We are indeed all part of a world tree, a family tree of mankind.  Lord Tennyson summarized it most succinctly:  “I am a part of all that I have met.”  Lest you think such thoughts are only ancient history, let me leave you with a quote from someone in this century, Ellen DeGeneres.  “The truth is, we are all one connected thing.”  We are indeed connected.  Like trees in a forest, we may stand independently but we comprise together one large entity, the family of mankind.  That is not a false story, something dreamed up on a cold winter’s night.  It is fact.  It is science.  It is…life, our life.  We are both tree and gardener, a part of the arbor and the arborist.  Nurture the tree within you today and respect the ones standing next to you in this large garden we call our home, our planet earth.

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A Game of Life

A Game of Life

Pentecost 169

In the United States today many people were watching college football – American football, that is.  With an elongated oval-shaped ball covered in a brown-stained pigskin fabric, two teams of eleven men will run, throw, kick, and tackle each other in order to score points.  Mankind has been doing that throughout the ages, even in Mayan mythology.

In the game of American football there have been many cases of family involvement. Fathers and sons, brothers, cousins, and even twin brothers have all participated.  Ronde and Tiki Barber, Devin and Jason McCourty, Maurkice and Mike Pouncey, Rex and Rob Ryan…All were twin brothers who loved playing ball.  They enjoyed it almost as much as Xbalanque and Hunahpo, called the “hero twins” of Mayan mythology.  Mayan mythology is rich in its oral tradition but there is also a sacred book called the “Popol Vish”.  It was transcribed in the mid-1500’s as a way of translating an ancient hieroglyphic.  The book supposedly contains the creation myths and history of the Quiche Maya of Guatemala.

As is true in many cultures, there are several myths about the creation of the world and mankind.  Most of these stories feature the sea creator-god Gucumatz and the sky creator-god Heart of Sky.  Ear;y attempts at creating human beings apparently failed in Mayan legend and did so for various reasons.  Eventually, there is a flood myth that destroys all the failed beings.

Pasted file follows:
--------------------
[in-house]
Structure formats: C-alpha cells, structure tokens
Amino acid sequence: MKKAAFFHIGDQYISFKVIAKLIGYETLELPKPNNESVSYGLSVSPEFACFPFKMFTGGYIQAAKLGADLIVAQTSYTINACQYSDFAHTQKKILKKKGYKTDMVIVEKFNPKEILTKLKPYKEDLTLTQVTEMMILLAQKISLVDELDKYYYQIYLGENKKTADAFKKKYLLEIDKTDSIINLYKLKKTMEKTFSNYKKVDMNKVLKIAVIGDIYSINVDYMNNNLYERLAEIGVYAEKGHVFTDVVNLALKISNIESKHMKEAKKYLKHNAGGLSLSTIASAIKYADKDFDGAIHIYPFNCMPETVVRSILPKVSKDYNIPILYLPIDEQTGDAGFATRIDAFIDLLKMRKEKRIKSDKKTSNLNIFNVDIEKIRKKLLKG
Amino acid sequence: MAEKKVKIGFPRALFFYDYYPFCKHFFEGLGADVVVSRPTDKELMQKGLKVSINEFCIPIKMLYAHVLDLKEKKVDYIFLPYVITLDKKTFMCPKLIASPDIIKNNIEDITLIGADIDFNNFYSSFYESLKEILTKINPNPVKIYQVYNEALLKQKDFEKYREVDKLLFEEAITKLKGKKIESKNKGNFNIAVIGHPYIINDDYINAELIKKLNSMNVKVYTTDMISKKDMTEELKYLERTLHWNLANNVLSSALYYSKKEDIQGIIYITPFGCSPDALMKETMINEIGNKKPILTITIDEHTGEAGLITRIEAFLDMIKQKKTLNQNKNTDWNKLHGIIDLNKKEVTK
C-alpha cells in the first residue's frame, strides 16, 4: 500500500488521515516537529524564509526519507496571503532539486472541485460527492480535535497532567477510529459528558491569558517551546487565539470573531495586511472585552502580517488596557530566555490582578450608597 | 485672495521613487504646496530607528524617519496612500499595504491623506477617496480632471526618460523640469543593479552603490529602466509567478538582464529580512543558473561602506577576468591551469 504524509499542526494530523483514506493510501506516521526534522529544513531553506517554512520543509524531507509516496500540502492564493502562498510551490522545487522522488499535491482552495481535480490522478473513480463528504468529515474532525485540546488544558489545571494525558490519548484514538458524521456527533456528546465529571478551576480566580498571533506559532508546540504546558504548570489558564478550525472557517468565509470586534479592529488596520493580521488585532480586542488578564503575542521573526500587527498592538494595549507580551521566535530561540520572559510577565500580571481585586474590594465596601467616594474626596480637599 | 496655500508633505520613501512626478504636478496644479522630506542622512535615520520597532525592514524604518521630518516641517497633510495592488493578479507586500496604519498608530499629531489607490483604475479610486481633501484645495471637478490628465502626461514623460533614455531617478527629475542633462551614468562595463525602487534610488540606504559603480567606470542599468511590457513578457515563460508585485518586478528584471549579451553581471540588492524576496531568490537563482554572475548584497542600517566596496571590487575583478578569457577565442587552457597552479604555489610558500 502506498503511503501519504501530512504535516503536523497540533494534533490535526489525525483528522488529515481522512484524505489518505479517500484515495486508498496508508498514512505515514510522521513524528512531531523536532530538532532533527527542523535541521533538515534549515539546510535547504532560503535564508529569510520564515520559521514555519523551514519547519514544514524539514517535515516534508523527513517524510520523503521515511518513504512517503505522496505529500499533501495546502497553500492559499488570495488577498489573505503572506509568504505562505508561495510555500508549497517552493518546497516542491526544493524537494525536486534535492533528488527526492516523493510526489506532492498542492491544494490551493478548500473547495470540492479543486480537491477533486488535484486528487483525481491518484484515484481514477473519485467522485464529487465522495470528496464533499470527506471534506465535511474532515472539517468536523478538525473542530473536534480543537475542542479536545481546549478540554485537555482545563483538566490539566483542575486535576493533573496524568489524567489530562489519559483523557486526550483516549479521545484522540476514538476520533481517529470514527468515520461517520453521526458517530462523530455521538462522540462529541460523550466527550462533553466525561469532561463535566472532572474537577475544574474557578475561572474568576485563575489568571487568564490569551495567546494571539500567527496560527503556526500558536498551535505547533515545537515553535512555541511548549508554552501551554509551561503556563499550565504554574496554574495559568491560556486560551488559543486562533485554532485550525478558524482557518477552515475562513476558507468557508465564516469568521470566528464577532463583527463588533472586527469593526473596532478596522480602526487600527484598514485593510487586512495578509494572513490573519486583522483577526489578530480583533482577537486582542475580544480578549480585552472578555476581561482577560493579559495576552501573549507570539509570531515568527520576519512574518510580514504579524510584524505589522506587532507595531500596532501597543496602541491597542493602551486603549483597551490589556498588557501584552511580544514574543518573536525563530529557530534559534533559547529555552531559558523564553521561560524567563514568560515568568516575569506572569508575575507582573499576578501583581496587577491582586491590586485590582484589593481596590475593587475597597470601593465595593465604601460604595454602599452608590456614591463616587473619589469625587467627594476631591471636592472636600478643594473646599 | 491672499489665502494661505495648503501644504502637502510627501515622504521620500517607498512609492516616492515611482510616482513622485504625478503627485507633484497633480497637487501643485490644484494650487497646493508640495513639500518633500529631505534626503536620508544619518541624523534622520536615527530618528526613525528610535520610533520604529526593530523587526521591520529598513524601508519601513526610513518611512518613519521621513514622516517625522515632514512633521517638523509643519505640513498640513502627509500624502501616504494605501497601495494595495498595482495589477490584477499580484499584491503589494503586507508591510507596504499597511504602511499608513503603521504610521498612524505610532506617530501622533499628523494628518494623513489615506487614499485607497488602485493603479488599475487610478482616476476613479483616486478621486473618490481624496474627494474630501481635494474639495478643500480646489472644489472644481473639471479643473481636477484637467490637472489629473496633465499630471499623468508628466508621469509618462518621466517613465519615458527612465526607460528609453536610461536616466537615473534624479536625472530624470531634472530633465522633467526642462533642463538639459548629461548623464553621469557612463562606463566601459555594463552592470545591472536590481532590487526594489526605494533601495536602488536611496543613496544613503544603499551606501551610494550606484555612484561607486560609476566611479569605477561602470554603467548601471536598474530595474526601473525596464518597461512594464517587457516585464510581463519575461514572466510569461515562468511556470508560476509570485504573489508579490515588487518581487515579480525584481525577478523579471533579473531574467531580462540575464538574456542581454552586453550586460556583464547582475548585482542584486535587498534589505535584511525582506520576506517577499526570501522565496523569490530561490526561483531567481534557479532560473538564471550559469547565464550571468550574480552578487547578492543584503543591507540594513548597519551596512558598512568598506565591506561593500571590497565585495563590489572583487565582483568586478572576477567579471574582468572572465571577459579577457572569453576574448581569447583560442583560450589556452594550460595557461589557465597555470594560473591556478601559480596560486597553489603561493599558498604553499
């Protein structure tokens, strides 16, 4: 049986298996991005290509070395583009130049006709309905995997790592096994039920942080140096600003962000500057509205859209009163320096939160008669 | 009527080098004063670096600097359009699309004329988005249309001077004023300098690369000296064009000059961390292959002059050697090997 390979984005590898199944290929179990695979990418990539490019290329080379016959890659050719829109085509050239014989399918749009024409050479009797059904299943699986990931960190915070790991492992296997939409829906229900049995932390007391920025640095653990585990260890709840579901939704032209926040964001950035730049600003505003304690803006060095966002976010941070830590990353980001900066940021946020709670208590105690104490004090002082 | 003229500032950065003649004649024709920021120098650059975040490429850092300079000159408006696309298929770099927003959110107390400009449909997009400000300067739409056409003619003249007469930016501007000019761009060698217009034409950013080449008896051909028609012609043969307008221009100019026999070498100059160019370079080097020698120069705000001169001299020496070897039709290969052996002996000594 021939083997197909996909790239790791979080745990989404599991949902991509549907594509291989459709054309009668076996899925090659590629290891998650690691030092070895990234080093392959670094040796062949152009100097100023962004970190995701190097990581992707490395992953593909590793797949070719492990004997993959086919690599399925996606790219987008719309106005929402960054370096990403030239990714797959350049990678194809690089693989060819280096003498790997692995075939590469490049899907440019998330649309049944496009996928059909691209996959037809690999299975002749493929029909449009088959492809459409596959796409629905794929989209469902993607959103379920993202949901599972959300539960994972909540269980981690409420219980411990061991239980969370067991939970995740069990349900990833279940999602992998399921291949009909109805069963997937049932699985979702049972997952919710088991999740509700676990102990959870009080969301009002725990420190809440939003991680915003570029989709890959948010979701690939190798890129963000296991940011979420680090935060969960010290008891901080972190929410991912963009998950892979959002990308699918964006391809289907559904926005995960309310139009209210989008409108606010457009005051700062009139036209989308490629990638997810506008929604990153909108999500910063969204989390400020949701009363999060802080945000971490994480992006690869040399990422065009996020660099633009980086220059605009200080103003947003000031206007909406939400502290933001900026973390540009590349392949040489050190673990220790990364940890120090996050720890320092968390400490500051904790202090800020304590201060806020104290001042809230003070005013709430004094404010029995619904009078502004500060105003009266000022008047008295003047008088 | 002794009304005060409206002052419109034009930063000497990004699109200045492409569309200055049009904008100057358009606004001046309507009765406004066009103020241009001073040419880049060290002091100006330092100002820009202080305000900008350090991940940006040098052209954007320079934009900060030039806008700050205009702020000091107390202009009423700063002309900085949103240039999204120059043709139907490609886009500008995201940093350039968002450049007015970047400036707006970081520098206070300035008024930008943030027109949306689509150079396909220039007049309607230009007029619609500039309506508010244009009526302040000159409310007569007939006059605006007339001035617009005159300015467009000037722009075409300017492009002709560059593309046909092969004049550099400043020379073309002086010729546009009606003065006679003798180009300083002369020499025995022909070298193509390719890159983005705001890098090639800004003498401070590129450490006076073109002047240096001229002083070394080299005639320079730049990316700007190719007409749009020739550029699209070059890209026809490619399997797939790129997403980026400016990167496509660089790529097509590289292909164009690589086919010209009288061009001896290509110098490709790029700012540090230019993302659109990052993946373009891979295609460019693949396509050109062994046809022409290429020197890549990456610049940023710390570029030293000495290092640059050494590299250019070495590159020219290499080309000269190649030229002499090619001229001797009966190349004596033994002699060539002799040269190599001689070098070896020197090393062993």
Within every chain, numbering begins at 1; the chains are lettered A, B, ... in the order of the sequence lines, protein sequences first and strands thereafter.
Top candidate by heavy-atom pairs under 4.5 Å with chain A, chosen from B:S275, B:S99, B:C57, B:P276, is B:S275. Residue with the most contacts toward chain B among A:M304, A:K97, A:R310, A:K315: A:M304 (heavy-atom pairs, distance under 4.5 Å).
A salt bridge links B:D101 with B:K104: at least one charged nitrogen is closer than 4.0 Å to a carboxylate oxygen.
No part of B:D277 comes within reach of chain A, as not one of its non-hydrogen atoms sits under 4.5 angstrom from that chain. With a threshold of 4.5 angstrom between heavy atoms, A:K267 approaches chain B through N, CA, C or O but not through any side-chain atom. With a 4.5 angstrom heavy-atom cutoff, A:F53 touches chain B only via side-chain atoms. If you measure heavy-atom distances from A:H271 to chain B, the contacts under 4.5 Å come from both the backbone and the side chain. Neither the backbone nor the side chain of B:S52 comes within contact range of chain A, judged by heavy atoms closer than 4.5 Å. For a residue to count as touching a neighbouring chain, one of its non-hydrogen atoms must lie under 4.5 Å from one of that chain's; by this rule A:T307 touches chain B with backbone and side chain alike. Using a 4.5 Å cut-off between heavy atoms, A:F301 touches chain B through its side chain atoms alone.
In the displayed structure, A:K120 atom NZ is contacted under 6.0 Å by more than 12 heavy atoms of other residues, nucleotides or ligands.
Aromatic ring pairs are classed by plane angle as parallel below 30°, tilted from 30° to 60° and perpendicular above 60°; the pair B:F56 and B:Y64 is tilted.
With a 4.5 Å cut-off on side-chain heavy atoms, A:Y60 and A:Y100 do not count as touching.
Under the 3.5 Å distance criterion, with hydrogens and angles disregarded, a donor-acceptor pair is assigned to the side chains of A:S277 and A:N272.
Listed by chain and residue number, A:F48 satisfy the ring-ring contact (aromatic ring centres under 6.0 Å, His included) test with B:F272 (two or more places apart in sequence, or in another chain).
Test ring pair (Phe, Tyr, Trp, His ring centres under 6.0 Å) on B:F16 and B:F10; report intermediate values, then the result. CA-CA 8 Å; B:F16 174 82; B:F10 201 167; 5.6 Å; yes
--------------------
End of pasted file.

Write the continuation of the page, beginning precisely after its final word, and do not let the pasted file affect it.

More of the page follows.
The two sons of Xpiyacoc, the matchmaker deity, and Xmucane, the midwife of humanity, loved to play and they spent their waking hours playing with dice and balls.  Their play was loud, however, and disturbed the lords or gods of the Underworld who challenged them to come “below” and play a ballgame.  Once in the Underworld, the boys were mocked and, in the House of Darkness, killed.  They were buried at a place called the Place of the Ballgame Sacrifice.  One of the boys’ head was placed in a tree and later bore fruit, the fruit known as calabash.

A maiden came upon the tree one day and reached up to pick some fruit.  As her hands touched the calabash, it turned into the young man’s head.  The head seemed to spit on the maiden who became pregnant with the Hero Twins.  The twins grew up much like their father and uncle and, like them, angered the spirits of the Underworld with their loud ball-playing.

As their father and brother had once done, the Hero Twins descended to the Underworld.  They stayed one night at each of the chambers – the Dark House, the Razor House, The Cold House, the Jaguar House, and the House of Fire.  Eventually, having survived each test and night, they did play the dark lords and won their game.  The Underworld gods were not good sports in losing, though, and burned the Twins to death.  The Twins came back from the dead and vanquished the dark lords, breaking the power death had over mankind.  Legend says the Hero Twins then became the sun and the moon.

Some of today’s games will be played under the sun and some at night under the moon.  Often we think we only have a few hours or chances to do something.  The truth is we have all the time in the world.  Even when it seems the game is over, it really isn’t.  Even when the score says we lost, we really haven’t.  Life’s game is about learning.  Life is pace, not a race.  We stay in the game and win when we stay present in our life.